Focusing on teaching and focusing on research are what faculty are supposed to do—everything else is extra. If you really want to concentrate on things other than research or teaching, you should look for a job outside academia (corporate, non-profit, government) or go into academic administration (which seems to be the popular way to get more money for less useful work for many older faculty).

    Reply
    • 6. Mark Guzdial  |  May 14, 2016 at 1:33 pm

      There’s probably a lot of context about Georgia Tech that I didn’t make clear in this post — my apologies.

      I’m making up the term “post-full” professor, but most of my friends and colleagues understood. Most of my colleagues will spend the majority of their years in academia as a full professor. That’s a lot of years before emeritus. What should one do with them?

      Explicitly at Georgia Tech, we talk about having impact as a “public intellectual.” Good examples are my chair (whom I mentioned is on a presidential commission right now), Beth Mynatt (just named chair of the CCC), Ron Arkin (who debates the role of robots in warfare, internationally), and Henrik Christensen (who plays an international role in research and policy issues around robotics). That is an explicit part of a job of a GT professor.

      The challenges of growing a large CER group and to create a long-lasting beneficial organization are significant, as you say.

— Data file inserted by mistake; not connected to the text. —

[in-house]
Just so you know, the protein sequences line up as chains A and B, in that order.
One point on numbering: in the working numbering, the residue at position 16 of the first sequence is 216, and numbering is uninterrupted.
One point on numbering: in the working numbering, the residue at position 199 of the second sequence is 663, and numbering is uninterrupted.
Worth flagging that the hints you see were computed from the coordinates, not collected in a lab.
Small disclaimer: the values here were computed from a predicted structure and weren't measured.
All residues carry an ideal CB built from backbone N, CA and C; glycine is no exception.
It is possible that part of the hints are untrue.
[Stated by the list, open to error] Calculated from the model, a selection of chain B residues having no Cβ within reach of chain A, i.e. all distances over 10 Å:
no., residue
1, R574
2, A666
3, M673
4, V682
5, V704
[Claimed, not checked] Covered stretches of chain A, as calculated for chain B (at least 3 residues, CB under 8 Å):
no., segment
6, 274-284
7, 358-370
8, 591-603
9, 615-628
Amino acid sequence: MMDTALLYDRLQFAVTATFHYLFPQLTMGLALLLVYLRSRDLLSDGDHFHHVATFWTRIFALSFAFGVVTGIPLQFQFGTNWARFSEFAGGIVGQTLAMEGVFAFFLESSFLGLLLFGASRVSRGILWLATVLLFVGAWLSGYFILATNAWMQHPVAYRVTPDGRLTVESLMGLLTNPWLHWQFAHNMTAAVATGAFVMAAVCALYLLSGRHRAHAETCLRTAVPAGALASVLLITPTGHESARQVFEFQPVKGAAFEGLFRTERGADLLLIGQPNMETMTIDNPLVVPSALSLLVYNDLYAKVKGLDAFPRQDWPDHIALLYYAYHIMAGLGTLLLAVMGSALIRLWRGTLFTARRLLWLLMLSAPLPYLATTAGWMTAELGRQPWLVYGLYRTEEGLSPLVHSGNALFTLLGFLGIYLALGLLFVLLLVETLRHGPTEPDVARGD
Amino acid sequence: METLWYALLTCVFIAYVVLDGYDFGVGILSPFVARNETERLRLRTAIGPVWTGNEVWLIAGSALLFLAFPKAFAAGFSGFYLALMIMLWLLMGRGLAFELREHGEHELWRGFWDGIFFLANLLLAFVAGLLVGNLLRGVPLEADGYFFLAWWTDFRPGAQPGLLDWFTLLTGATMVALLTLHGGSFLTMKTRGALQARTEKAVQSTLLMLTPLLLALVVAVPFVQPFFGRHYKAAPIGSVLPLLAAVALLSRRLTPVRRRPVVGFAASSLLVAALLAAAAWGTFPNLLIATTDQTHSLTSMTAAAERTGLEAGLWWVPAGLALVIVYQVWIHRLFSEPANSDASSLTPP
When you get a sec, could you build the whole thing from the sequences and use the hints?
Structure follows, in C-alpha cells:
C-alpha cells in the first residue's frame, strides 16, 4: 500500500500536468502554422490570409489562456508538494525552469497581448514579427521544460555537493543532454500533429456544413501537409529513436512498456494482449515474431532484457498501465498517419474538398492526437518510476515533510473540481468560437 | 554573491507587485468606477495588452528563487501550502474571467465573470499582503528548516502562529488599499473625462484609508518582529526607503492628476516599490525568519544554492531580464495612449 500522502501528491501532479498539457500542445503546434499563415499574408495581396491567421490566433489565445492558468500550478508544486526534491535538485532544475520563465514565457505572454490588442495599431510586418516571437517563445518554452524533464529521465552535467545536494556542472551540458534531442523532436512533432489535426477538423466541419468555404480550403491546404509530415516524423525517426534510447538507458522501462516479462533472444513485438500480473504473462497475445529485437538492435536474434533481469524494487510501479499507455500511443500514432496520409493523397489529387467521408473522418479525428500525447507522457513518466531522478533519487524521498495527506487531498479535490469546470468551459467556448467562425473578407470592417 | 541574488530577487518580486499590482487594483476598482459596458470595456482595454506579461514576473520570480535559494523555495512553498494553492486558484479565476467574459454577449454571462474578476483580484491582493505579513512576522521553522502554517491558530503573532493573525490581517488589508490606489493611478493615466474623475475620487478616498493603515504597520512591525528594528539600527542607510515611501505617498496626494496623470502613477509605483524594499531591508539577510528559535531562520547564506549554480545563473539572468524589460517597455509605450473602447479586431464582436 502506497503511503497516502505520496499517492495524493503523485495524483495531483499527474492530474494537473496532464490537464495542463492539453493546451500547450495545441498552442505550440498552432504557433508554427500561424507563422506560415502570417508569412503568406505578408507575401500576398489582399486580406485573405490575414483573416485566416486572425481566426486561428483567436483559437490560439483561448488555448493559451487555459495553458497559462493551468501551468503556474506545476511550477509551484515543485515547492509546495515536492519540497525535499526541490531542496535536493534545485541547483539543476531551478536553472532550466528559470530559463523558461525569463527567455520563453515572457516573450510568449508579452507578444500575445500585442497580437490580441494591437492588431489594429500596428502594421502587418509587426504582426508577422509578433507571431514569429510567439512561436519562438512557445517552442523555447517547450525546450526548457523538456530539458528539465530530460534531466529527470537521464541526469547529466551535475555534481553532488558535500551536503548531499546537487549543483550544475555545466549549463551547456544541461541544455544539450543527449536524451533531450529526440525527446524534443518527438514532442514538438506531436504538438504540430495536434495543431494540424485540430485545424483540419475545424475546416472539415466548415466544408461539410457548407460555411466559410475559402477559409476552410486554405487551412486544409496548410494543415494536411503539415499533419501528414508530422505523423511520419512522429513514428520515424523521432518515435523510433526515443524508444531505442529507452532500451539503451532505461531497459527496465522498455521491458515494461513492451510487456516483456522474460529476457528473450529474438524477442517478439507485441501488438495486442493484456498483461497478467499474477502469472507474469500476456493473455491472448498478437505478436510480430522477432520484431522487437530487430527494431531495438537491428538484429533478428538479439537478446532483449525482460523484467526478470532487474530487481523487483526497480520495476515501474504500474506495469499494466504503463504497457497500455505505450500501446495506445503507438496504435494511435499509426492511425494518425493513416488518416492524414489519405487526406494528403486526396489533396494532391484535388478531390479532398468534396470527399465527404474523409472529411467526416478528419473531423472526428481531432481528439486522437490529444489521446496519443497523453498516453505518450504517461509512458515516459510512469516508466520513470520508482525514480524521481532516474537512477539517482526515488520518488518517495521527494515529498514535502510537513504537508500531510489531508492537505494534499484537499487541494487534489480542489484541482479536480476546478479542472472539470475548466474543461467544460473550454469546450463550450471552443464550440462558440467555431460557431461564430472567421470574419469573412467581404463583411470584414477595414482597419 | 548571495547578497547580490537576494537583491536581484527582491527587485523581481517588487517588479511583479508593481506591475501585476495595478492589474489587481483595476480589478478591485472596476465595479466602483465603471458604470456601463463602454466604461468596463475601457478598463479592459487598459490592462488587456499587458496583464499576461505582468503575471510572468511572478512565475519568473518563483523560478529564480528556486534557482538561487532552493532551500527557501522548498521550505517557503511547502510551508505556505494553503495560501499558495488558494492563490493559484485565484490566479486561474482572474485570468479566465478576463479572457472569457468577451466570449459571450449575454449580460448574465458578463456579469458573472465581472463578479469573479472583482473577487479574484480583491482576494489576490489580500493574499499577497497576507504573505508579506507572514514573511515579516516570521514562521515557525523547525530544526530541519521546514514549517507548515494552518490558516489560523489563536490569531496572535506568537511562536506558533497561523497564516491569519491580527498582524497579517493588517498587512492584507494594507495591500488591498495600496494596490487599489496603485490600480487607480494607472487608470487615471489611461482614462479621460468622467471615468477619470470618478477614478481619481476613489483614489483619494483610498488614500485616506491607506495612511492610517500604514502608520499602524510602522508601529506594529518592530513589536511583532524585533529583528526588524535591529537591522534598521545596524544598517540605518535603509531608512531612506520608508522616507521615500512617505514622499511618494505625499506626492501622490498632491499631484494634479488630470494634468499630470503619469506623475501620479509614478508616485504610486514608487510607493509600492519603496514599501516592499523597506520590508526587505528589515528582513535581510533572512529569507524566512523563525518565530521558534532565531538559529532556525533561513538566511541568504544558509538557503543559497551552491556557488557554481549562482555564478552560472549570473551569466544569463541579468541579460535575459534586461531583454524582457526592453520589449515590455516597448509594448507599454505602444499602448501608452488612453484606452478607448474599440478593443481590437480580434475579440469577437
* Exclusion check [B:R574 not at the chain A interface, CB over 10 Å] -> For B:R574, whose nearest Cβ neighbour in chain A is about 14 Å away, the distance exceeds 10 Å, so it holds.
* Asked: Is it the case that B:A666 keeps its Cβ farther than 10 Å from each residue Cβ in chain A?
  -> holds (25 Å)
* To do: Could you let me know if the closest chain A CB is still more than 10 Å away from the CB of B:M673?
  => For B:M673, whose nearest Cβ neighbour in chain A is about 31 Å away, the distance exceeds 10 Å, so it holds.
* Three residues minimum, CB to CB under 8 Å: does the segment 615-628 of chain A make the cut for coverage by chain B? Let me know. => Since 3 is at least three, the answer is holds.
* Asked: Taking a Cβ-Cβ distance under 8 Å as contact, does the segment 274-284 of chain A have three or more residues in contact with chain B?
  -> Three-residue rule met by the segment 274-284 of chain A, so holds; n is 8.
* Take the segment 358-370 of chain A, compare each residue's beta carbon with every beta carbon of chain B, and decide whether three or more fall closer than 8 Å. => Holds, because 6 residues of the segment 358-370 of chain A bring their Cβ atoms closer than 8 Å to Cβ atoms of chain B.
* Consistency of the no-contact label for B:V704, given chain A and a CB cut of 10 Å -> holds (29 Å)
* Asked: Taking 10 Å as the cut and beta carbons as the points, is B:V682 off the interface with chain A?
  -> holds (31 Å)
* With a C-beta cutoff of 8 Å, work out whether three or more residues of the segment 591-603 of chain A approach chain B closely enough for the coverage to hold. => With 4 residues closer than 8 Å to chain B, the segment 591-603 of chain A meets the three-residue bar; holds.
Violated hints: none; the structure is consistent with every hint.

At Georgia Tech, full professors negotiate with their chairs about where to put their emphases. I really did create this post to share with my chair, and we discussed it last week. She explicitly doesn’t want me to put more emphasis on teaching, and she wants me to keep my research at its current level. If anywhere, she’d like to see me grow my role in public policy, either in the US (which is hard, because we have a decentralized model and I have to learn about different state models) or internationally (e.g., to develop papers doing comparative analyses of how different countries are growing CS education).

      Reply
  • […] Guzdial recently wrote a post about his future plans as an Academic. One of the statements that really resonated with me was the idea that you need a level of critical […]

    Reply
  • […] I recently posted a piece about my personal plans for the future, and I talked about how great it would be to be at a place where there were three or more CS Ed faculty — a critical mass. Kevin rightly called me out on that in the comments, suggesting that it would be hard to get more than a couple Computing Education researchers in a US CS department. (Outside the US, there are multiple institutions with critical mass CER communities, including U. Kent at Canterbury and U. Adelaide.) […]

    Reply

Leave a Reply

Fill in your details below or click an icon to log in:

WordPress.com Logo

You are commenting using your WordPress.com account. Log Out / Change )

Twitter picture

You are commenting using your Twitter account. Log Out / Change )

Facebook photo

You are commenting using your Facebook account. Log Out / Change )

Google+ photo

You are commenting using your Google+ account. Log Out / Change )

Connecting to %s

Trackback this post  |  Subscribe to the comments via RSS Feed


Recent Posts

May 2016
M T W T F S S
« Apr   Jun »
 1
2345678
9101112131415
16171819202122
23242526272829
3031  

Feeds

Blog Stats

  • 1,269,207 hits

Enter your email address to follow this blog and receive notifications of new posts by email.

Join 4,569 other followers

CS Teaching Tips


%d bloggers like this: